I Was a Heavy Stone

He entered the room like ivy climbing up an
oak, bright scarlet pouring upside down, red,
so much burning beneath the still greens of

the oak, it’s always holding on for some chandelier
or maybe some of the poison from the boughs.

He is the one who said She’s a lost cause
and at the time, she was. Sauntering and sun-eyed,
he didn’t understand the rays bled so bright, turning

coldest eyes to bridges only the cold river could
sway through. Turning all roots silver. So counting

ravens became a chore, because they only caw for lost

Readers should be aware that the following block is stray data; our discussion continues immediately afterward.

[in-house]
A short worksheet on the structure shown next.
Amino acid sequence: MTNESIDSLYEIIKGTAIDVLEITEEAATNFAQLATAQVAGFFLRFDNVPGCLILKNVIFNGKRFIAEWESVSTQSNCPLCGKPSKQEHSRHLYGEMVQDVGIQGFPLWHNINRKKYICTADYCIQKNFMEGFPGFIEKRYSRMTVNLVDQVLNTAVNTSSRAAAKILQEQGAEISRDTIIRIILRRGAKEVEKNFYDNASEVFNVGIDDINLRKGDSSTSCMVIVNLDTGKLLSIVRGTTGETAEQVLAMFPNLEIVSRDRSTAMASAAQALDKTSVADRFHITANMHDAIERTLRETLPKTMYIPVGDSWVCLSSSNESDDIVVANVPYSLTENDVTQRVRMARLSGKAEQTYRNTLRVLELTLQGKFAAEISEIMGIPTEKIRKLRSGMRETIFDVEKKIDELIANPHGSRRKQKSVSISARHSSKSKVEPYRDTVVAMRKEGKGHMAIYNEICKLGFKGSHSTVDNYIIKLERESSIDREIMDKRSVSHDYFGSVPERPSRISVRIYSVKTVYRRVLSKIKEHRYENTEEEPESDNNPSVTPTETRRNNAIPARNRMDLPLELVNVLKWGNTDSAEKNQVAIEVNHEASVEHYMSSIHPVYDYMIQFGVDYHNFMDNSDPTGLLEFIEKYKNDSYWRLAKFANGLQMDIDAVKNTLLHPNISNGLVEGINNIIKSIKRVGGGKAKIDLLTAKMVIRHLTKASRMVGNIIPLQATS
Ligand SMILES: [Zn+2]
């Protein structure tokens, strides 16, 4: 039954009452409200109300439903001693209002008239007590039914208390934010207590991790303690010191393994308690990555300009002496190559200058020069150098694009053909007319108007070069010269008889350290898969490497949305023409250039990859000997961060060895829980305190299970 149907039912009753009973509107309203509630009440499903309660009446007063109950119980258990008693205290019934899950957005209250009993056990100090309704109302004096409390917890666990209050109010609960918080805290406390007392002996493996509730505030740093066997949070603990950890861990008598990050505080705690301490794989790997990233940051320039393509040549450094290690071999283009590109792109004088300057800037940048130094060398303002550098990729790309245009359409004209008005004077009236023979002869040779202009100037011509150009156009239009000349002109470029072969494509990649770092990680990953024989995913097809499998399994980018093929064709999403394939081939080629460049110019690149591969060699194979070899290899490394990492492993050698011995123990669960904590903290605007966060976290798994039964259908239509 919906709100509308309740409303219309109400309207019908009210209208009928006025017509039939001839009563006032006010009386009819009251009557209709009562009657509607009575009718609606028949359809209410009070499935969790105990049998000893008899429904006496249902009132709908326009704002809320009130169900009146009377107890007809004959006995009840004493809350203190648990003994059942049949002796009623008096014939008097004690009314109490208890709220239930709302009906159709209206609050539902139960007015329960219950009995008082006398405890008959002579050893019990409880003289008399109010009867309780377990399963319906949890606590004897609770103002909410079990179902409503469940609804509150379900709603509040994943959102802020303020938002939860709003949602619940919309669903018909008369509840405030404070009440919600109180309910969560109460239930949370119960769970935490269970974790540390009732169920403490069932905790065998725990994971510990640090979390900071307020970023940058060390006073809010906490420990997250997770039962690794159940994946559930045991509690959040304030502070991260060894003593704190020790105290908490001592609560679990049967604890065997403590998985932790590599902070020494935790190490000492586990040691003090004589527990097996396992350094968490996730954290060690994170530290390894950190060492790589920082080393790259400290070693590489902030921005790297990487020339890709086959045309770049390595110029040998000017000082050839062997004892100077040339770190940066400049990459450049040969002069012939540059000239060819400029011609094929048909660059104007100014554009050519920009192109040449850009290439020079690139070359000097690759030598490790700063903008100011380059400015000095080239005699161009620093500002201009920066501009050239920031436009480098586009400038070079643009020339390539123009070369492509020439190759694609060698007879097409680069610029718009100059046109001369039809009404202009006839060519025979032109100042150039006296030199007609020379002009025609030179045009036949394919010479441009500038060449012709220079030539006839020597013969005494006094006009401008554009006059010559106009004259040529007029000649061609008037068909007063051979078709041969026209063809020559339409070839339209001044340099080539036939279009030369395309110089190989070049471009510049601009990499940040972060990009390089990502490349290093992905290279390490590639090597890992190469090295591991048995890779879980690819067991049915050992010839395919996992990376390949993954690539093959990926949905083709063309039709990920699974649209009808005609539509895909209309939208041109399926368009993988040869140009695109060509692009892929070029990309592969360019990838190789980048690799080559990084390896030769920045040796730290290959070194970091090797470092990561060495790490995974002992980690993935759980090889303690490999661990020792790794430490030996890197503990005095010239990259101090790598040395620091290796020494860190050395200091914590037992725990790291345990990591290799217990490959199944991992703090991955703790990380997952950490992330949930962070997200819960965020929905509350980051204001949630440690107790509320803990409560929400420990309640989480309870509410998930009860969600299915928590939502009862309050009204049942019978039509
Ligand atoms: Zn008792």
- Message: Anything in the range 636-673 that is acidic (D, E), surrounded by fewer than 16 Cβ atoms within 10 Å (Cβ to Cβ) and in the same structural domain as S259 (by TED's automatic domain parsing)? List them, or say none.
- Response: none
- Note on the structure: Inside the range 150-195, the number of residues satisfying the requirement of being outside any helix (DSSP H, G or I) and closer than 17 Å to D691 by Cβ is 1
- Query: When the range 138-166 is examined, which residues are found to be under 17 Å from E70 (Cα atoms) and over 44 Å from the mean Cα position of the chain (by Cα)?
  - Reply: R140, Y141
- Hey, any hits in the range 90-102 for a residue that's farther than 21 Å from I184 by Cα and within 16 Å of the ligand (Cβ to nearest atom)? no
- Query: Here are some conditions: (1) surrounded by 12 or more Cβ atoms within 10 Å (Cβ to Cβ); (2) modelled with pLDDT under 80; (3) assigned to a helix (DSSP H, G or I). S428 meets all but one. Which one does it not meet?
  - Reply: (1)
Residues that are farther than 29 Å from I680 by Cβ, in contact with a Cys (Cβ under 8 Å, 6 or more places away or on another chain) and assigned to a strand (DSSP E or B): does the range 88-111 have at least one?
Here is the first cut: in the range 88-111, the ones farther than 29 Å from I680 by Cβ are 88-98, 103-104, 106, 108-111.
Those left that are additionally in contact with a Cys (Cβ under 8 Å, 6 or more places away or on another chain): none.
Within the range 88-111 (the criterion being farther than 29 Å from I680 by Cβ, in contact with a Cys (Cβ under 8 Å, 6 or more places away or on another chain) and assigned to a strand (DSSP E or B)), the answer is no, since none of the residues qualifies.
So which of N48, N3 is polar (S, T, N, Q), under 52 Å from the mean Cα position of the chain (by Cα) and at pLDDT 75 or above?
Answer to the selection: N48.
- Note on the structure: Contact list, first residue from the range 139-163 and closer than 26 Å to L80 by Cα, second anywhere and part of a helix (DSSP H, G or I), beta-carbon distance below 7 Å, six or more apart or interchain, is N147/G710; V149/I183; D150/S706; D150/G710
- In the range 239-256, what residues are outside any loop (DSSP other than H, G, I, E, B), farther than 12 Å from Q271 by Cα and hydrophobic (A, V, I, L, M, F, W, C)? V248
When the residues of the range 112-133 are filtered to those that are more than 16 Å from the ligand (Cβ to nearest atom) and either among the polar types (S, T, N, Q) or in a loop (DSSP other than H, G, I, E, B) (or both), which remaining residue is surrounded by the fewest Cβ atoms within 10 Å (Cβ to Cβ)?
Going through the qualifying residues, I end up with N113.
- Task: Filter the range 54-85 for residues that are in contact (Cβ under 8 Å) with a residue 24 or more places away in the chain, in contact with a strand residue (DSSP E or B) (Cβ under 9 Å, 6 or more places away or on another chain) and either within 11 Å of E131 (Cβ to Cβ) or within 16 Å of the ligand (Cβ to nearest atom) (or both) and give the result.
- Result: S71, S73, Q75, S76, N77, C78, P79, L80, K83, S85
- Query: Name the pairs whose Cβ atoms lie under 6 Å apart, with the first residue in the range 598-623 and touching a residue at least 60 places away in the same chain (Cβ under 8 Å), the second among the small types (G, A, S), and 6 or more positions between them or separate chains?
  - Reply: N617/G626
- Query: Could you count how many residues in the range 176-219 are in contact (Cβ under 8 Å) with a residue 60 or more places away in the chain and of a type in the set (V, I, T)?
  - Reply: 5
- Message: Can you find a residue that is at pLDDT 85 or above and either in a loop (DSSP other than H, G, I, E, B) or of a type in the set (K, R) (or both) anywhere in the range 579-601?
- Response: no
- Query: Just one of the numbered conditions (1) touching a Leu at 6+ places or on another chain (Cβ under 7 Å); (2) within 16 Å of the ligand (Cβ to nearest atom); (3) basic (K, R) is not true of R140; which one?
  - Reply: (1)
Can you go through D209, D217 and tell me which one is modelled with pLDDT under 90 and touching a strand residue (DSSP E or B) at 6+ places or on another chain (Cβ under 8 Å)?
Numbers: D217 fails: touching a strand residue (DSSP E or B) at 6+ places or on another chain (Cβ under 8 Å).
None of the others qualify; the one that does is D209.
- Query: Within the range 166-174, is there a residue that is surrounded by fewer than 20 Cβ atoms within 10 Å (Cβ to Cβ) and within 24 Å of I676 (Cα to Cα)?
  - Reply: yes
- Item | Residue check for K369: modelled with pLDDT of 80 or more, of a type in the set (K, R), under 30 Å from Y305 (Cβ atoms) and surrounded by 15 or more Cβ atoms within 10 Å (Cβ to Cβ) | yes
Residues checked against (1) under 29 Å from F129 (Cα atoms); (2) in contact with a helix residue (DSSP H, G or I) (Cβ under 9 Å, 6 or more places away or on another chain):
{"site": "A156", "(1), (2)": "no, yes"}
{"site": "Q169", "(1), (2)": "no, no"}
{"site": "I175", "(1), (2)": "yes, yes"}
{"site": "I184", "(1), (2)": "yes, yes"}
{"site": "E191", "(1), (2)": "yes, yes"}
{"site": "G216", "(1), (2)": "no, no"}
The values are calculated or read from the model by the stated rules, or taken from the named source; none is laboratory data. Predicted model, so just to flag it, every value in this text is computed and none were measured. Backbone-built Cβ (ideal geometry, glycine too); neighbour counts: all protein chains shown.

magnolia leaves in the spring. But everything is silver,

and there’s nothing so sweet, he thought with
lonely sunset drives before him. Only the darkness
between the stars could make him stop wandering, too

far, too far, red tide ebbing under red moon. The fish
won’t be able to sleep tonight, but that’s okay, because

he wasn’t going to let silver tails dive into the blackness
without him. It didn’t feel like tambourines jangling, only
her barnacled arms slapping salt into his wooden eyes.

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